Cincinnati has earned its reputation as an important way station on the Underground Railroad, but we must remember that slave traffic flowed both ways at the Ohio River. Some of the slaves who passed through Cincinnati were not headed north to freedom, but south to bondage.
It is true that Ohio was a free state, a state that prohibited slavery. But there are other forms of bondage. In his essay “Slavery and Freedom In The Early Republic” [Ohio Valley History, Spring 2006], Emil Pocock explains that “freedom” had shades of meaning in Nineteenth-Century America:
“Freedom and slavery in the early American republic were not absolute conditions separated by an immutable line in law or practice, but rather were the extremes along a continuum in the status of persons. Legal restraints on their respective liberties, civil rights, and political privileges largely defined the status of free men, women and children, apprentices, indentured servants, slaves, and other classes of persons. Ambiguities in territorial, federal, and state statutes, inconsistent interpretation of the laws and their enforcement, and a wide variation in local practices blurred rather than clarified these status boundaries.”
Ohio prohibited slavery, but only in the sense that no one could buy or sell slaves within the state. Not until 1841 did Ohio enact a law so that any slave brought into the state automatically became free. Before then, Southern slave owners regularly visited Ohio and especially Cincinnati accompanied by slaves. Ohio laws allowed slave owners to bring their slaves into the state for unspecified periods of time before those slaves were considered free. Slaves who gained freedom, as Pocock points out, discovered that there was “freedom” and there was “freedom”:
“White settlers held black adults and children, some of whom were former slaves, to involuntary labor north of the Ohio River as indentured servants. Other slaves brought across the river may have been coerced to remain under the control of their owners under threat of being sent back to a slave state. Some slaves may have voluntarily acquiesced in this arrangement by concluding that a life of labor in a free state was preferable to life as a slave south of the river, even though there may have been little actual difference in their condition. Nominally, free blacks may have found some benefit in living under the protection of a white family, even if this arrangement diminished their actual freedom.”
The Northwest Ordinance of 1787 prohibited slavery in the territory. However, when Ohio, Indiana and Illinois were carved out of the Northwest Territory, each state debated whether to legalize slavery. The political battles were fierce and, although pro-slavery efforts failed, the new states quickly approved laws that imposed punitive restrictions on the freedom of African Americans. Ohio did not fully repeal these so-called “Black Laws” until 1887.
Whatever the individual states decided, the federal Fugitive Slave Act of 1793 made it legally obvious that no slave became free simply by entering a free state. From almost the time Ohio was settled, the state and Cincinnati in particular became the hunting ground for slave catchers who earned rich rewards for returning runaway slaves to their Southern masters.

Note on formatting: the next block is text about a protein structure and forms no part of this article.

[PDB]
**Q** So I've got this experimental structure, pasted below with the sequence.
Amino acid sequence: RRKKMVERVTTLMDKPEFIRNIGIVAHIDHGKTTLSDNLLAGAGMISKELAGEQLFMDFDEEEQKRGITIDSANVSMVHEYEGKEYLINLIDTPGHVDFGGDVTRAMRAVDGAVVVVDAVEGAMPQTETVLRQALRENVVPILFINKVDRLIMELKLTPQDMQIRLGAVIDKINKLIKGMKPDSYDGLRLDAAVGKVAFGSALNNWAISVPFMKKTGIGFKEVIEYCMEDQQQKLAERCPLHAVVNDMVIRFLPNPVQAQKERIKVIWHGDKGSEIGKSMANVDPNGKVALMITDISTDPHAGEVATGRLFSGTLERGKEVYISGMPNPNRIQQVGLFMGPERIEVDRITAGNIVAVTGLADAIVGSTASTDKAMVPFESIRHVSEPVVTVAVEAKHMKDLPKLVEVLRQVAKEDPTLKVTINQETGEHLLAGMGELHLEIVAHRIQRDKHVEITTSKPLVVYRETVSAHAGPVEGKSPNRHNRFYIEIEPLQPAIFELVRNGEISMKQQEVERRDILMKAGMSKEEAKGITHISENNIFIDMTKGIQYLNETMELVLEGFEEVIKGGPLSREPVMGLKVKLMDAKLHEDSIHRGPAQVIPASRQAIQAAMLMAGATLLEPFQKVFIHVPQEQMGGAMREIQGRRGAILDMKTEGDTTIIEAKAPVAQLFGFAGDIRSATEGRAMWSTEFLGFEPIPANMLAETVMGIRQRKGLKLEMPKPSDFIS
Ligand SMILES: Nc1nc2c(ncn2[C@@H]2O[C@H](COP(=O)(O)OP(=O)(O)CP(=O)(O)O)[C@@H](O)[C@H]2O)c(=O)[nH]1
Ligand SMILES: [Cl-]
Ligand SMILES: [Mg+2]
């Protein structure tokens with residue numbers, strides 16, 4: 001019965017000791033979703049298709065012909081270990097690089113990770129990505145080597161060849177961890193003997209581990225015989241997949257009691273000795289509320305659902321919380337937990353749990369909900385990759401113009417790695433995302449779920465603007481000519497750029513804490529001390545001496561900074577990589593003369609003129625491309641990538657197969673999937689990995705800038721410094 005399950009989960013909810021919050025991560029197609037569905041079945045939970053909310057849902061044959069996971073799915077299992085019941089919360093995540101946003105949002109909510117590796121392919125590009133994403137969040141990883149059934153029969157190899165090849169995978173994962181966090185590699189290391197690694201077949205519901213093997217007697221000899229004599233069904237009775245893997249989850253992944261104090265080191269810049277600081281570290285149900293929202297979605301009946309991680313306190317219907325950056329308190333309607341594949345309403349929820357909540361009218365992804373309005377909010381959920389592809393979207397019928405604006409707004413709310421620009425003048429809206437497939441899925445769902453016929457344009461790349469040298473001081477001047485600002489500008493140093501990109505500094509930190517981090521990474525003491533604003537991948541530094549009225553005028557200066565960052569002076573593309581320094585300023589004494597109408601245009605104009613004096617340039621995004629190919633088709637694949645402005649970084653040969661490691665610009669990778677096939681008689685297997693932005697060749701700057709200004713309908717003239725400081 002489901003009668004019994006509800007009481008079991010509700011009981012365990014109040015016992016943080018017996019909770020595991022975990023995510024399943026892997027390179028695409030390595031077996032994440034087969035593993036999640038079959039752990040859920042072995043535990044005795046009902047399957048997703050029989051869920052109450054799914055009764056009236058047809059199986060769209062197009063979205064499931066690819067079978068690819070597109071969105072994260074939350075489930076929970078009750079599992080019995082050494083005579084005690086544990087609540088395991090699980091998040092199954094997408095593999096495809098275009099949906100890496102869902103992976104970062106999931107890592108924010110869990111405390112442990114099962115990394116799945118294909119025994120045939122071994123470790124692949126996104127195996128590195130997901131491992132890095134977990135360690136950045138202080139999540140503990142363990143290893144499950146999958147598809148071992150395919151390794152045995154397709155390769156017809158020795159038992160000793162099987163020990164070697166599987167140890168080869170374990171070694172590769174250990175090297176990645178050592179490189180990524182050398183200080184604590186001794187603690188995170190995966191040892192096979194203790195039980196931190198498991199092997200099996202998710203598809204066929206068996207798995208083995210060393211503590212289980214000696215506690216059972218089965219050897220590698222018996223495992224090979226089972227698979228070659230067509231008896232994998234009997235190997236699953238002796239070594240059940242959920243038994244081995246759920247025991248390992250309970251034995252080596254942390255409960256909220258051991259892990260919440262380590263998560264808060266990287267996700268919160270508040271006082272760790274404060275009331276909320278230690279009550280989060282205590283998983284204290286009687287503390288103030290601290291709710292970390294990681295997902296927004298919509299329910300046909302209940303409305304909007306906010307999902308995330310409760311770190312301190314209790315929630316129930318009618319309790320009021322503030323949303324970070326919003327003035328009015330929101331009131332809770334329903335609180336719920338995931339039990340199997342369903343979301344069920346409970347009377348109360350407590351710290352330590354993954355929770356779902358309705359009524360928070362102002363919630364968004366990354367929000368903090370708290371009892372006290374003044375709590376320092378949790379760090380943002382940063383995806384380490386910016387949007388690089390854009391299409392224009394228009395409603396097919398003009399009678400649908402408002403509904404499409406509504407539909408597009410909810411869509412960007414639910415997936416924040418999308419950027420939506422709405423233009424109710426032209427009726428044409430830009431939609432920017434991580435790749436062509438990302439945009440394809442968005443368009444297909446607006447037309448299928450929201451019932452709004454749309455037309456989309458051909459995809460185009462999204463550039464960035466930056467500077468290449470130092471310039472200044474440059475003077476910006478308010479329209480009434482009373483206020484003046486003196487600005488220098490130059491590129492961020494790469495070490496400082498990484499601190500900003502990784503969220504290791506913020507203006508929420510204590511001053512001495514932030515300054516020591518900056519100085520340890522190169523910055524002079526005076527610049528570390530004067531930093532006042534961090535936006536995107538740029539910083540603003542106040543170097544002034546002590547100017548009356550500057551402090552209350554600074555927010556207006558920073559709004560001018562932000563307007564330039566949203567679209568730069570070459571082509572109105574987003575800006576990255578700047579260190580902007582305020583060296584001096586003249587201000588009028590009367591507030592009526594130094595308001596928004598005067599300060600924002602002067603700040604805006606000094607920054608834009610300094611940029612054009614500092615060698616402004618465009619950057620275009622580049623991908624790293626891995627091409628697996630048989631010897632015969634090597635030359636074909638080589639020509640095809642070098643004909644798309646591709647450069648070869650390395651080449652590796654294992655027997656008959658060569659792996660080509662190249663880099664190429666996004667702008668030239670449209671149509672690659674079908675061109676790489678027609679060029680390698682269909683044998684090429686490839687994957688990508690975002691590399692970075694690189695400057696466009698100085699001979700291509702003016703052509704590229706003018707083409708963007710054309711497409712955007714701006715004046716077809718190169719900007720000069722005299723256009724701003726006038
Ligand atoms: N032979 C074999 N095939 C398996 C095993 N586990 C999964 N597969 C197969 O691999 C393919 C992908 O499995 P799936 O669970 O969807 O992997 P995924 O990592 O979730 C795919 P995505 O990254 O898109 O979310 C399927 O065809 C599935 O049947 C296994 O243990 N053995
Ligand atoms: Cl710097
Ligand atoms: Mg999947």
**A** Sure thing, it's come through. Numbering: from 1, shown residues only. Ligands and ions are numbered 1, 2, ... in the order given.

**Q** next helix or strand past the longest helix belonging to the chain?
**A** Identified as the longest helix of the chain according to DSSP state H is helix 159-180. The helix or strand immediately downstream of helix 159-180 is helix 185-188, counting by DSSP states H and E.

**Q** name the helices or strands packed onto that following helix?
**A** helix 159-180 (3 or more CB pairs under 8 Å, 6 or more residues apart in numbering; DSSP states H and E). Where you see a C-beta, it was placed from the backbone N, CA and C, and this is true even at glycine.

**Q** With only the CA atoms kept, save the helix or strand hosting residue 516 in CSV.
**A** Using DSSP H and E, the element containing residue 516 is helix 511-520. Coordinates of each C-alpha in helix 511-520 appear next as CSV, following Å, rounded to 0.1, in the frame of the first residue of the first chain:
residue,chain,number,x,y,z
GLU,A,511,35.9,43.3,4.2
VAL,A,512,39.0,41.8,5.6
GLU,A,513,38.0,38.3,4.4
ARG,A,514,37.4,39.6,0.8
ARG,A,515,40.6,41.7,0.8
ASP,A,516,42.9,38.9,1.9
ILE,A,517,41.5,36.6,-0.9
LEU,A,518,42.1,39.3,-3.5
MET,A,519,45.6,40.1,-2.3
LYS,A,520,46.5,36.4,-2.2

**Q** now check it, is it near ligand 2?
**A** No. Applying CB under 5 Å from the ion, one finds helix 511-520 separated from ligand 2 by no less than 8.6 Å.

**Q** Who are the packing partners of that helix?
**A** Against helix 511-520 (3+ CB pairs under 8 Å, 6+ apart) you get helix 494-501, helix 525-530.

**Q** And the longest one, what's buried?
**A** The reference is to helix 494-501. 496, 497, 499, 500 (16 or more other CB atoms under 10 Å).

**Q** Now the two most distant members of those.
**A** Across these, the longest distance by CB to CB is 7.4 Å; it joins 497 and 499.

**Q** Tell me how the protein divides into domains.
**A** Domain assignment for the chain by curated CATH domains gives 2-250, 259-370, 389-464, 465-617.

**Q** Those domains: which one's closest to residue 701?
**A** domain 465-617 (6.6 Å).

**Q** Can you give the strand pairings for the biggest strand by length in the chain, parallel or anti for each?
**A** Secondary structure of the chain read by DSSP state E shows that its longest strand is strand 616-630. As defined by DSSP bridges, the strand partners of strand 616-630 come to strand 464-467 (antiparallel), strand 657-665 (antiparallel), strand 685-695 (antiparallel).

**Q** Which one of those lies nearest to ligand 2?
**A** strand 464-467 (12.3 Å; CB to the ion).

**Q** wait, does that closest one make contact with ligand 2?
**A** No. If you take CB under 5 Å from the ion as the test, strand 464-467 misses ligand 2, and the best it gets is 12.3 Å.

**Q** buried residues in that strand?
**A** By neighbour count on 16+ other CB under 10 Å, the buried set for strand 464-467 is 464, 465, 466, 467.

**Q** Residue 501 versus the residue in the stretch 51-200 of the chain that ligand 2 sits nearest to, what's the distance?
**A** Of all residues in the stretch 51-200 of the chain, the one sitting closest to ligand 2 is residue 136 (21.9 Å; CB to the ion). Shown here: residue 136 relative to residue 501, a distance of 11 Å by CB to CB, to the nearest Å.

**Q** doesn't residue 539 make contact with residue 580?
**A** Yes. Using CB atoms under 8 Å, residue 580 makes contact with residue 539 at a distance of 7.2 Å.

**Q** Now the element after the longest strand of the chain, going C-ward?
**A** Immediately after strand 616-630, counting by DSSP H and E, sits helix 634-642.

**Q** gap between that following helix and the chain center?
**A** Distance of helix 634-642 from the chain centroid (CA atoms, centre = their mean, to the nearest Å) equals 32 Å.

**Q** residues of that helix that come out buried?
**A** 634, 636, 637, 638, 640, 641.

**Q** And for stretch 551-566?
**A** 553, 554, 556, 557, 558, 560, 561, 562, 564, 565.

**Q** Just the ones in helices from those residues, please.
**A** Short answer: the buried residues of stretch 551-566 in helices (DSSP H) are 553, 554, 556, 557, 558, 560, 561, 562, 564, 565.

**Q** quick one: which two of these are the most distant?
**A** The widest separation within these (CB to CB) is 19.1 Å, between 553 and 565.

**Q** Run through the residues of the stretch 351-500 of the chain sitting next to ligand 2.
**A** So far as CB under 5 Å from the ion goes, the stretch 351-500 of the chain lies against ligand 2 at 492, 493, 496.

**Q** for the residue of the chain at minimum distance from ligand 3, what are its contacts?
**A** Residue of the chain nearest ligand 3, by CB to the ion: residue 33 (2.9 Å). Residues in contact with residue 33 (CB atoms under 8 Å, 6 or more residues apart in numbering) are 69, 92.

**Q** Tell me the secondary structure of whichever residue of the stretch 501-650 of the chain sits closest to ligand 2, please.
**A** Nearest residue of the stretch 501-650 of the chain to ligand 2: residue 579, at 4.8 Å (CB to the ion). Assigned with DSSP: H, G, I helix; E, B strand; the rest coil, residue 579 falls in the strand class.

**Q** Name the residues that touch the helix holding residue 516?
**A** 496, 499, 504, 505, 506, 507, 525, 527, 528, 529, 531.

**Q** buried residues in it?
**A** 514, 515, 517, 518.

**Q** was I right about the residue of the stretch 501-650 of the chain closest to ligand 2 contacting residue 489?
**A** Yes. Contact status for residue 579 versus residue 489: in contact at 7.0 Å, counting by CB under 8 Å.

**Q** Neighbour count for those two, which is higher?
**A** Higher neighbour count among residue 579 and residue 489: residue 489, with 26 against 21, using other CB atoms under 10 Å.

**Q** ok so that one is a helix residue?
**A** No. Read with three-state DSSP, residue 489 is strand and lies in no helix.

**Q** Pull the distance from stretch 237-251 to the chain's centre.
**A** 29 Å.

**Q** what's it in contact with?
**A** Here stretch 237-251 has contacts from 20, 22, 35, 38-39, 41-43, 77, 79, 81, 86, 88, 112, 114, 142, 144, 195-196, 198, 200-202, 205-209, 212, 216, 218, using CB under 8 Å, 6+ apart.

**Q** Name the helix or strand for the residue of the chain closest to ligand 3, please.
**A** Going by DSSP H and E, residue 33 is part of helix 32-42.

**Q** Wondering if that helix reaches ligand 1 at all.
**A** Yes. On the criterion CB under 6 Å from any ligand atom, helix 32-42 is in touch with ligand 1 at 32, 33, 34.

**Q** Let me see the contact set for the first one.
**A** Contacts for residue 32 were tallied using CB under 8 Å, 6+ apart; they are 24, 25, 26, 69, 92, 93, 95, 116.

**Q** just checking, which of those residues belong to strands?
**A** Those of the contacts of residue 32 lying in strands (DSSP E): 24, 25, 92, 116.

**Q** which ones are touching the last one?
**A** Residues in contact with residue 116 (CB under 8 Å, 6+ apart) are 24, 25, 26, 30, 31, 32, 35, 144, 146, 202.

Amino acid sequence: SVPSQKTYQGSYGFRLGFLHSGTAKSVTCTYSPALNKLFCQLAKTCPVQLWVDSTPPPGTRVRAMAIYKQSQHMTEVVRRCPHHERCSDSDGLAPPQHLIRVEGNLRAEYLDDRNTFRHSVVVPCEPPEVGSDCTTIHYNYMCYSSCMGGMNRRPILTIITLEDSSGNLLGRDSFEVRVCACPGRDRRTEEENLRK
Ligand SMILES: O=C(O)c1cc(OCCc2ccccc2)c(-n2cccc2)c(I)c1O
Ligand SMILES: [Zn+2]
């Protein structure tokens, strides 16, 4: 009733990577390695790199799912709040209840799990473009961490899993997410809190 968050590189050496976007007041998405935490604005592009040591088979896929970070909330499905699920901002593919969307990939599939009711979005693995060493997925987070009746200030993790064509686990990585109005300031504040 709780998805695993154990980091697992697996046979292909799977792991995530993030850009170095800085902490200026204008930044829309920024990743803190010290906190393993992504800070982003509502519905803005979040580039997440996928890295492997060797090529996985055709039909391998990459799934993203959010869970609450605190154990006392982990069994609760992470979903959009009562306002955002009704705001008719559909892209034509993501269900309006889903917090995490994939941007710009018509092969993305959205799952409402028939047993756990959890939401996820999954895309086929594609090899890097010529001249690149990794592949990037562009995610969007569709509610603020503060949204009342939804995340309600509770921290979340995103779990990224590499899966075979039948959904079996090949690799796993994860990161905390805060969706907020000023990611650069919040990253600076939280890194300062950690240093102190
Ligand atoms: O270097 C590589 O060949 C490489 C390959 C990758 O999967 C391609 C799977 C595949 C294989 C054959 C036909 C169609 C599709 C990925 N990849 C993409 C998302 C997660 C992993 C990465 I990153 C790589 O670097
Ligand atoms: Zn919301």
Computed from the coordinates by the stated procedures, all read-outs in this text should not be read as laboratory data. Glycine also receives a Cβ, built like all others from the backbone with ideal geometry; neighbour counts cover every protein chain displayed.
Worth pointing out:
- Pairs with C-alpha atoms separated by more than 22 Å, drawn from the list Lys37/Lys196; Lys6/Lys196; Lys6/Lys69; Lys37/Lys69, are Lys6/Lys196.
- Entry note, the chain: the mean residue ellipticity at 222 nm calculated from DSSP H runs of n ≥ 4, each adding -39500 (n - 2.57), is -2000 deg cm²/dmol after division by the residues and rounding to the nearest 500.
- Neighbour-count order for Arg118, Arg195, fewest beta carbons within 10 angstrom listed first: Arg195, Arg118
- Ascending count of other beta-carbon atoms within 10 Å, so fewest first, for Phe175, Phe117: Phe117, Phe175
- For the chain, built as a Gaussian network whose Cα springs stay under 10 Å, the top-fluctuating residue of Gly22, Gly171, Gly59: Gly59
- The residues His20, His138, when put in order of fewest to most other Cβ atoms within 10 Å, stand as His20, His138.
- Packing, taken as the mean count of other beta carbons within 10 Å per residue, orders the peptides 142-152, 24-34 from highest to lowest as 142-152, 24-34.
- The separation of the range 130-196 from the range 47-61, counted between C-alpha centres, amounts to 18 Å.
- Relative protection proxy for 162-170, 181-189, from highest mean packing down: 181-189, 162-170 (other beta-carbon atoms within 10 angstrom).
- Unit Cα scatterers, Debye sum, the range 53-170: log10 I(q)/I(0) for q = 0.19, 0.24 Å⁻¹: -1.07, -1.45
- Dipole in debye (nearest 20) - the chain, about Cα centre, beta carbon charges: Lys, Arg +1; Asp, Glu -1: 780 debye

Cincinnati newspapers were filled with advertisements offering rewards for fugitive slaves. The most famous of these ads, which appeared in Cincinnati’s Western Spy newspaper for 19 June 1802, was placed by future U.S. President Andrew Jackson. At that time, Jackson was a colonel in the Tennessee militia and had not yet acquired his great estate known as Hermitage, but he owned many slaves on his plantation near the Cumberland River. He offered $50 for the return of a slave named George.
Jackson was not alone in advertising rewards. One Thomas Barlow of Georgetown, Kentucky in 1799 offered a $20 reward for the return of a runaway named Bob. In the same issue of the Cincinnati newspaper, a Mr. Wells of Fort Wayne, Indiana, announced that he had captured two fugitive slaves, Bill and John, and was holding them, presumably for the reward they would bring.
In 1805, John McQuady and Samuel Berry of Woodford County, Kentucky, ran an advertisement offering $100 for the recovery of eight runaway slaves ranging from 16 to 45 years of age. Among them was a man named John, about 25 years of age, whose “back has been well marked by the whip.”
The same issue features an advertisement about a “Runaway Negro.” This runaway was specifically not a slave, but indentured under contract to one William Ross of Limestone (now Maysville) Kentucky. The indenture was signed in Greensburgh, Pennsylvania. At the time, Pennsylvania was still a slave state. A law passed in 1780 provided for gradual abolition of slavery, prohibiting importation or sale of slaves and providing that any children born to slave mothers would become free after a period of indentured servitude. By 1805, there were still more than 1,000 slaves in Pennsylvania.
Throughout the decades there are many examples of slaves sent back south after being captured in Cincinnati. Levi Coffin tells the story of a slave named Jackson, once owned by William King who served as Vice President under Franklin Pierce. Jackson ran away to Cincinnati, but was caught here and sent to Alabama. Toni Morrison’s wrenching novel, Beloved, tells the story, based on historical fact, of Margaret Garner, who escaped with her husband and children across the Ohio River but was captured in Cincinnati, where she killed her daughter rather than allow her to be returned to slavery. Henry Walton Bibb escaped slavery in Kentucky and made it to Detroit and was returning to rescue his family when he was betrayed and recaptured in Cincinnati.
The Underground Railroad carried many people north to freedom, but far too many were railroaded back south.
This article was reposted with permission from Greg Hand, editor of Cincinnati Curiosities